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Chasing False Peace

“I remember going to kindergarten and I would be the last one picked up on a – on a regular basis. And so, it just – sometimes I just felt, that I didn't matter.”

Katie’s parents worked hard to provide the best for Katie and her sister.  But the pressures of running a business and other obligations commanded much of their time.

“I know how much they loved me and despite them doing the best they could, I don't feel like I was a priority. I was so hungry for attention.”

A child with boundless energy, Katie excelled at gymnastics, and later cheerleading and beauty pageants.  They brought her the attention she needed.  School, on the other hand, was a different story.   

“Despite my greatest efforts, I did not excel at school.  Grades were very, very difficult. I had a younger sister who did very well, very easily. She did get the praise and the reward for that. It was beginning to paint a picture of my identity.”

She was a teenager when she had her first glass of champagne – she liked how it tasted, and how it made her feel.

“I felt some false peace when I had champagne or liquor. Even if temporarily, I enjoyed it and I wanted it again.”

By high school, drinking was also a way to get noticed.

“If I could be like everybody else and do what everybody else is doing then maybe I’m not weird and broken and wounded, and so I’m just going to do what this whole crowd of people is doing, and uh and then I’ll be okay.”

Despite her average grades, Katie got accepted into college, and studied journalism. There she was diagnosed with adhd, and prescribed Ritalin.  It worked, and Katie finished college as a straight ‘a’ student. But doing well in school wasn’t enough.   

“I started taking it when I would go out.  I started taking it all the time.  And I would take double the dose cause if one's good, let's do double.  And that’s how it was for the next ten years.”

After college, Katie landed her dream job as a TV reporter. To her it would make everything right in her life. But the pressures of the job only deepened her dependency.

“I started off with Ritalin but then it went to Adderall and Adderall went to Dexedrine. And these are gradually stronger versions. I didn't stay at that job a year, and I just walked away.”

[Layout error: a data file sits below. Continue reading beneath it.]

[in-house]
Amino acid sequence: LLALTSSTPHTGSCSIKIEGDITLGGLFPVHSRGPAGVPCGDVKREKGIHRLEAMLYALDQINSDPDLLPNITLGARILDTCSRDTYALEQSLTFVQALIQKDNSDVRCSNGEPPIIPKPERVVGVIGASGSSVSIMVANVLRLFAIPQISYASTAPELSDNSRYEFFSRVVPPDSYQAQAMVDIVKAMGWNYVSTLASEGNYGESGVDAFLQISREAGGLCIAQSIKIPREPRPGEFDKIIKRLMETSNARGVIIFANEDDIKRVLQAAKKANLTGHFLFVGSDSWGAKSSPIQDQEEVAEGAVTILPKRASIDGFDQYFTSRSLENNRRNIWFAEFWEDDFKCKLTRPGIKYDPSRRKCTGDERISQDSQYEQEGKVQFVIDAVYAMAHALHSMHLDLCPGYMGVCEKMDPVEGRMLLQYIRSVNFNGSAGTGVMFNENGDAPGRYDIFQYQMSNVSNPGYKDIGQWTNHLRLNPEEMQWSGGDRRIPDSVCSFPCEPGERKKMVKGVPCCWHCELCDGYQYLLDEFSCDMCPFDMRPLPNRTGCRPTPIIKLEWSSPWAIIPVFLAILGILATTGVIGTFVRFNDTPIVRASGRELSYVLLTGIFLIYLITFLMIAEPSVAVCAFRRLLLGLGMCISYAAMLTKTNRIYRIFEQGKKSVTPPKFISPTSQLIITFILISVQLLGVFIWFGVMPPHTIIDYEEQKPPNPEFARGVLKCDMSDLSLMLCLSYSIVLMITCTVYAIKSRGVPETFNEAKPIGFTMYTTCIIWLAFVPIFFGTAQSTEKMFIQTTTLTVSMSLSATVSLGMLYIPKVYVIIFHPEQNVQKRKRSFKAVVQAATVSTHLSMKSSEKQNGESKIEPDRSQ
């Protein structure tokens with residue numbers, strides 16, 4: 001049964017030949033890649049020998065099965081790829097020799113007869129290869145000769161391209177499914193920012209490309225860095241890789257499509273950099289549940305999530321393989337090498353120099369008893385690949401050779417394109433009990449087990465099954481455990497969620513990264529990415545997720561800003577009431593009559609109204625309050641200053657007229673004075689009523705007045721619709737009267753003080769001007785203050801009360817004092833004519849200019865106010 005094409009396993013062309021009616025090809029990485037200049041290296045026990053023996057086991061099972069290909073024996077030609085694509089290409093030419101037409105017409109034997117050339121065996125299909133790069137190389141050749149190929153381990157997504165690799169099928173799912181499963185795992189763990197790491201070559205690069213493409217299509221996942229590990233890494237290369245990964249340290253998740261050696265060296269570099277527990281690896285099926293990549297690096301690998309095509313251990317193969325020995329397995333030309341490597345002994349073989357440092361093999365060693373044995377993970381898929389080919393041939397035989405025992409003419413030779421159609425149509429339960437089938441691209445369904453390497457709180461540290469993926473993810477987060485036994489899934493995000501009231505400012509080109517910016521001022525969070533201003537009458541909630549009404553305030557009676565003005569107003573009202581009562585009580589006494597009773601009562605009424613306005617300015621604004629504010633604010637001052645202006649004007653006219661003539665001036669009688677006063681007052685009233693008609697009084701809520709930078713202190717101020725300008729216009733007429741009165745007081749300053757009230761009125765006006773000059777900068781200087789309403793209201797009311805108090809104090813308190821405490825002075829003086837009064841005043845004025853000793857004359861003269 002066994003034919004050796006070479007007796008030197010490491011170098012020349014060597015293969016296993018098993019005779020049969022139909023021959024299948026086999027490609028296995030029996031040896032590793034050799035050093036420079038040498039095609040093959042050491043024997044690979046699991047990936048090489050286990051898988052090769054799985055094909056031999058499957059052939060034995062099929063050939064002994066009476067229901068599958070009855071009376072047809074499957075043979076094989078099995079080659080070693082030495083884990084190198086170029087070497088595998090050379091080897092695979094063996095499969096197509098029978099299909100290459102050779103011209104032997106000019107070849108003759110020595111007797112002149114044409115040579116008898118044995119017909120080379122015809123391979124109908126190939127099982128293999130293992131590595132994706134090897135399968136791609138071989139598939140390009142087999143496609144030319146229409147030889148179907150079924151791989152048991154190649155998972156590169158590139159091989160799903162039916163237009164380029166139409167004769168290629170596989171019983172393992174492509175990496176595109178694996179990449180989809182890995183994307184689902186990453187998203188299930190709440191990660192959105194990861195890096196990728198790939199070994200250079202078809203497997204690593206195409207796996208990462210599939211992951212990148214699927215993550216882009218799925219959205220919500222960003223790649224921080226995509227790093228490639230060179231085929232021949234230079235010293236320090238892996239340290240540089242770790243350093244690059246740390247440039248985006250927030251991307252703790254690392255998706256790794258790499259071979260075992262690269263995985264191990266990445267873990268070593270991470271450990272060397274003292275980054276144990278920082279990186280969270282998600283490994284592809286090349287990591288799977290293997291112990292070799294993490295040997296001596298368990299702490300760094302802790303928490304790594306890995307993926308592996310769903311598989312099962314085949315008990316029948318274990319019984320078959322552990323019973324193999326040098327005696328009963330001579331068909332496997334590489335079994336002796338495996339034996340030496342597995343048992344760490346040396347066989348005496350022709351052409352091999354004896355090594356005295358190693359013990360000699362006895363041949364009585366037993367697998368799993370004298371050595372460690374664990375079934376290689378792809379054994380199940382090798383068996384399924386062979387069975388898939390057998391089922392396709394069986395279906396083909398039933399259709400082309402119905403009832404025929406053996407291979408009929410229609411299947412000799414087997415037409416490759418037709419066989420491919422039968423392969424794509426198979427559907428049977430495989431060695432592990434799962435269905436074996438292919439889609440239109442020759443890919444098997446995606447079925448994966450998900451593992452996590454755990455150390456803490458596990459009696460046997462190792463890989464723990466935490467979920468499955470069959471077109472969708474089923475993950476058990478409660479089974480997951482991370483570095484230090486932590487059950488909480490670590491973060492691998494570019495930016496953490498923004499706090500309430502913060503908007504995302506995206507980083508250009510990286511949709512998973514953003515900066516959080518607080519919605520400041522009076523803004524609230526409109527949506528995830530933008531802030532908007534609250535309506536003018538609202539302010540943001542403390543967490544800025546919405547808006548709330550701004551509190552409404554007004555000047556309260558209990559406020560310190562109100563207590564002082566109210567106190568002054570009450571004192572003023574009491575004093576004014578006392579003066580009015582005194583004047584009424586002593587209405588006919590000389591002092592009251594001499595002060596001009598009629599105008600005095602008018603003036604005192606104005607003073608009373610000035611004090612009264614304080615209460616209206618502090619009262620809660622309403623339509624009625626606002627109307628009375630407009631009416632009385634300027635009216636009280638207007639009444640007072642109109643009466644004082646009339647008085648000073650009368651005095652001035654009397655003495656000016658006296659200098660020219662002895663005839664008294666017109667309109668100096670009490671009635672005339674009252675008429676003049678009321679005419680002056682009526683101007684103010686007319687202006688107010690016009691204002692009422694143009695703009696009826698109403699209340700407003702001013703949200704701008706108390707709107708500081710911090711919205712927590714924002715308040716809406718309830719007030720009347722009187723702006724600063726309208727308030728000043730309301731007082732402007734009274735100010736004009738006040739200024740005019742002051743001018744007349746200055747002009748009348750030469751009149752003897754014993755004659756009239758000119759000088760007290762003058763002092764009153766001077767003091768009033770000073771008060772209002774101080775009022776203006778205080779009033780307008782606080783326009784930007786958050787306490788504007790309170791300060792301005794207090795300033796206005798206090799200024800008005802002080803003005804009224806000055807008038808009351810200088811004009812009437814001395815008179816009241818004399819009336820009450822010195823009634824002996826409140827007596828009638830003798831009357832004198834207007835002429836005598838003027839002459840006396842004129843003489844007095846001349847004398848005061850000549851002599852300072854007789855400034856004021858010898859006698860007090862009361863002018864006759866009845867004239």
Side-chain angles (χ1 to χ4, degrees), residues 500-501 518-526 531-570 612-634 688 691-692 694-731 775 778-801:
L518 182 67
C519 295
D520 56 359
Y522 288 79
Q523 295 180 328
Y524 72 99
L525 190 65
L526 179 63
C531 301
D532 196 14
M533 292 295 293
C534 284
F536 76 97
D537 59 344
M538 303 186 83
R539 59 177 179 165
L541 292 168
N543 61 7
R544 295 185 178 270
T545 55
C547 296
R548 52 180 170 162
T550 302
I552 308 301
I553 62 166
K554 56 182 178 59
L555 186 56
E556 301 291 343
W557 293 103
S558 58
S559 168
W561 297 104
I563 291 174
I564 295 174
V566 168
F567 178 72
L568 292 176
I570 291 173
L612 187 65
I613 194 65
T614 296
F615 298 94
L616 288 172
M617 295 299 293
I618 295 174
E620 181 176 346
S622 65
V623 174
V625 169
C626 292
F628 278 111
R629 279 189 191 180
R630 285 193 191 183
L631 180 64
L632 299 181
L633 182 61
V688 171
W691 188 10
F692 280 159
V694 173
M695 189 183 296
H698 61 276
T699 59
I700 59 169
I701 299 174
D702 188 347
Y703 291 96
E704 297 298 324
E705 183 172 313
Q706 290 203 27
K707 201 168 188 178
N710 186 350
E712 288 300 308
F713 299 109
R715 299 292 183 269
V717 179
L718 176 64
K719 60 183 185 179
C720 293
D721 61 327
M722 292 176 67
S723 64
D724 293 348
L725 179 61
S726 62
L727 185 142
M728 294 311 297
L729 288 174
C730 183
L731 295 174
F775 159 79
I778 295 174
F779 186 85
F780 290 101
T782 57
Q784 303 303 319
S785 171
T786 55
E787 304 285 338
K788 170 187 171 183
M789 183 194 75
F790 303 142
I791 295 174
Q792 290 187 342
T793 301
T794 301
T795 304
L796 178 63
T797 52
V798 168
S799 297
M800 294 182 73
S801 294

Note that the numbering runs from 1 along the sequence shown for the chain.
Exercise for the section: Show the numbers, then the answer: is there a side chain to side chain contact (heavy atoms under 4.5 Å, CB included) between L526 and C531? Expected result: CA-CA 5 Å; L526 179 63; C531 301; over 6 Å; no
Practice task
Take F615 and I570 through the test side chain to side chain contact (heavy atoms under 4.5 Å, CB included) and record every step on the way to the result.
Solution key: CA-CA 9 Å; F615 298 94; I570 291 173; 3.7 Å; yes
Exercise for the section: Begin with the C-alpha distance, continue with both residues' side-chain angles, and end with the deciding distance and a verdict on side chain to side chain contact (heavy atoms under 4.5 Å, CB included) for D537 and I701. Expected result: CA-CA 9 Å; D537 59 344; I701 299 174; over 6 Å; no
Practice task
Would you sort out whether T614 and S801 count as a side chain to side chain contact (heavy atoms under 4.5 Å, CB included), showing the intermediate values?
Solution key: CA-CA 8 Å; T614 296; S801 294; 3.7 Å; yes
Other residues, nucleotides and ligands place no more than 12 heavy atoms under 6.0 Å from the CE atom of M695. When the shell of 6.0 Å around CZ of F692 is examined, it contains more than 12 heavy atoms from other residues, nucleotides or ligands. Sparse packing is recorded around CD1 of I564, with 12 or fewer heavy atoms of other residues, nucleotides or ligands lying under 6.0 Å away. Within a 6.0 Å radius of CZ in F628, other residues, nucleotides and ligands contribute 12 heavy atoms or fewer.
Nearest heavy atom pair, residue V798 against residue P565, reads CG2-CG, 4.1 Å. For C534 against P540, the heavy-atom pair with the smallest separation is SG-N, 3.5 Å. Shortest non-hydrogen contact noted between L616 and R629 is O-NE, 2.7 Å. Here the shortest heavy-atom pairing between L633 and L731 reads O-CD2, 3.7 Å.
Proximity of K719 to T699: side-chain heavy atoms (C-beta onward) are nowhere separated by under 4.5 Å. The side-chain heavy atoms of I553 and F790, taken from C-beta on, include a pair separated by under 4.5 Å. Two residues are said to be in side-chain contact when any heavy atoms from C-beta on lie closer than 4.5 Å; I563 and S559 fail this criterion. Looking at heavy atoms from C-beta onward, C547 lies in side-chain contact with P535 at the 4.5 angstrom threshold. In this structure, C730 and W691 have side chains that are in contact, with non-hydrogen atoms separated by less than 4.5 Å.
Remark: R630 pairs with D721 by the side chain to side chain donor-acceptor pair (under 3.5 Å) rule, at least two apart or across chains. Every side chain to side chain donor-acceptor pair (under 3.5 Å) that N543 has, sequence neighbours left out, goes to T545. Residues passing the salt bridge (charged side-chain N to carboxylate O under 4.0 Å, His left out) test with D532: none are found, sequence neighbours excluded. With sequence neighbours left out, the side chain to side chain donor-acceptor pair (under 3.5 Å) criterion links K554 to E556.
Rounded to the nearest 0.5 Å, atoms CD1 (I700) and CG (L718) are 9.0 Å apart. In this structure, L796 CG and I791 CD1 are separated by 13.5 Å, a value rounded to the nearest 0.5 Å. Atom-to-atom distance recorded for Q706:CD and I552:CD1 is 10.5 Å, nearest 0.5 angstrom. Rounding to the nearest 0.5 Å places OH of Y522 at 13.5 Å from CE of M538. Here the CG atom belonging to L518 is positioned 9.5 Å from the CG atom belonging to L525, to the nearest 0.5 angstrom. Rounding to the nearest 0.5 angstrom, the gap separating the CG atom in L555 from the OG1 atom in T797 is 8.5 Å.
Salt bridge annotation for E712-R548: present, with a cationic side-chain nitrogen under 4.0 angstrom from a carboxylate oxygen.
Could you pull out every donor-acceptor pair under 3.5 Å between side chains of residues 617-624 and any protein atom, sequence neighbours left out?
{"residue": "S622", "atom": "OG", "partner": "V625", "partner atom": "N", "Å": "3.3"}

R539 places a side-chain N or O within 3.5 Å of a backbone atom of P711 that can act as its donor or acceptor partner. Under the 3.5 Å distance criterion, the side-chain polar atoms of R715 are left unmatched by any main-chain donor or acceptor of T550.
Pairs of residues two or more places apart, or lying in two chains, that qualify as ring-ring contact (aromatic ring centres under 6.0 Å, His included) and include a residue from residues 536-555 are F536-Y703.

That would set Katie on a self-destructive pattern that would last 7 more years.   In that time, she quit several jobs, started a business that failed, and call off two wedding engagements.  

“I'm just searching for anything to make the hurt go away.  Cause my brokenness and my pain level at this time, I was – I was hurting badly. If I stopped some of the prescription pills, I seemed to drink more.  And if I stopped drinking I did more of the prescription pills.”   

In 2007, less than a year after taking a job as a state lobbyist in Georgia, Katie was fired.   

“Being able to function was really just snatched away and mentally I went into a place of just literal torment. I'm drinking heavily. Smoking a lot of marijuana because that's just something that really was an escape. And I just looked in the mirror and my eyes were so empty.”

With no money, she moved into a small cabin on her parents’ property in Georgia, and decided to end her life.  

“I didn’t have any hope, I didn't see a way out.  And-and-and the level of anxiety and torment that I was in was so-so heavy, and I wasn't in my right mind.  But when I made that decision it sounded like a good decision.”

That night Katie had a dream.

“The ceiling like disappeared and I was underneath the most beautiful starry sky, and the room was just electric. God began to speak to my heart. What I felt was loved and treasured, extraordinarily valued, priceless, a princess he showed me that. // he made me feel like, like I was his only daughter.”

Katie gave her life to Christ and spent the next two months in the cabin reading the bible, praying and, with God’s help, overcoming her addictions. She emerged with her new identity in Christ.

“And he saw the best in me when there was nothing good to see.  He reached down out of heaven to pick me up out of my mess.  I felt important! I felt valued! And it was awesome.”

Katie is now married to Aaron, and raising two boys of her own. She wants them, and others to know about the unconditional love and acceptance that comes through faith in Jesus Christ.

“Jesus saves! He saved me. He saved a wretch like me.  His amazing grace reached down and saved me and delivered me and set me free.  Jesus is the answer, he's what satisfies. Nothing else satisfies, but he does.”

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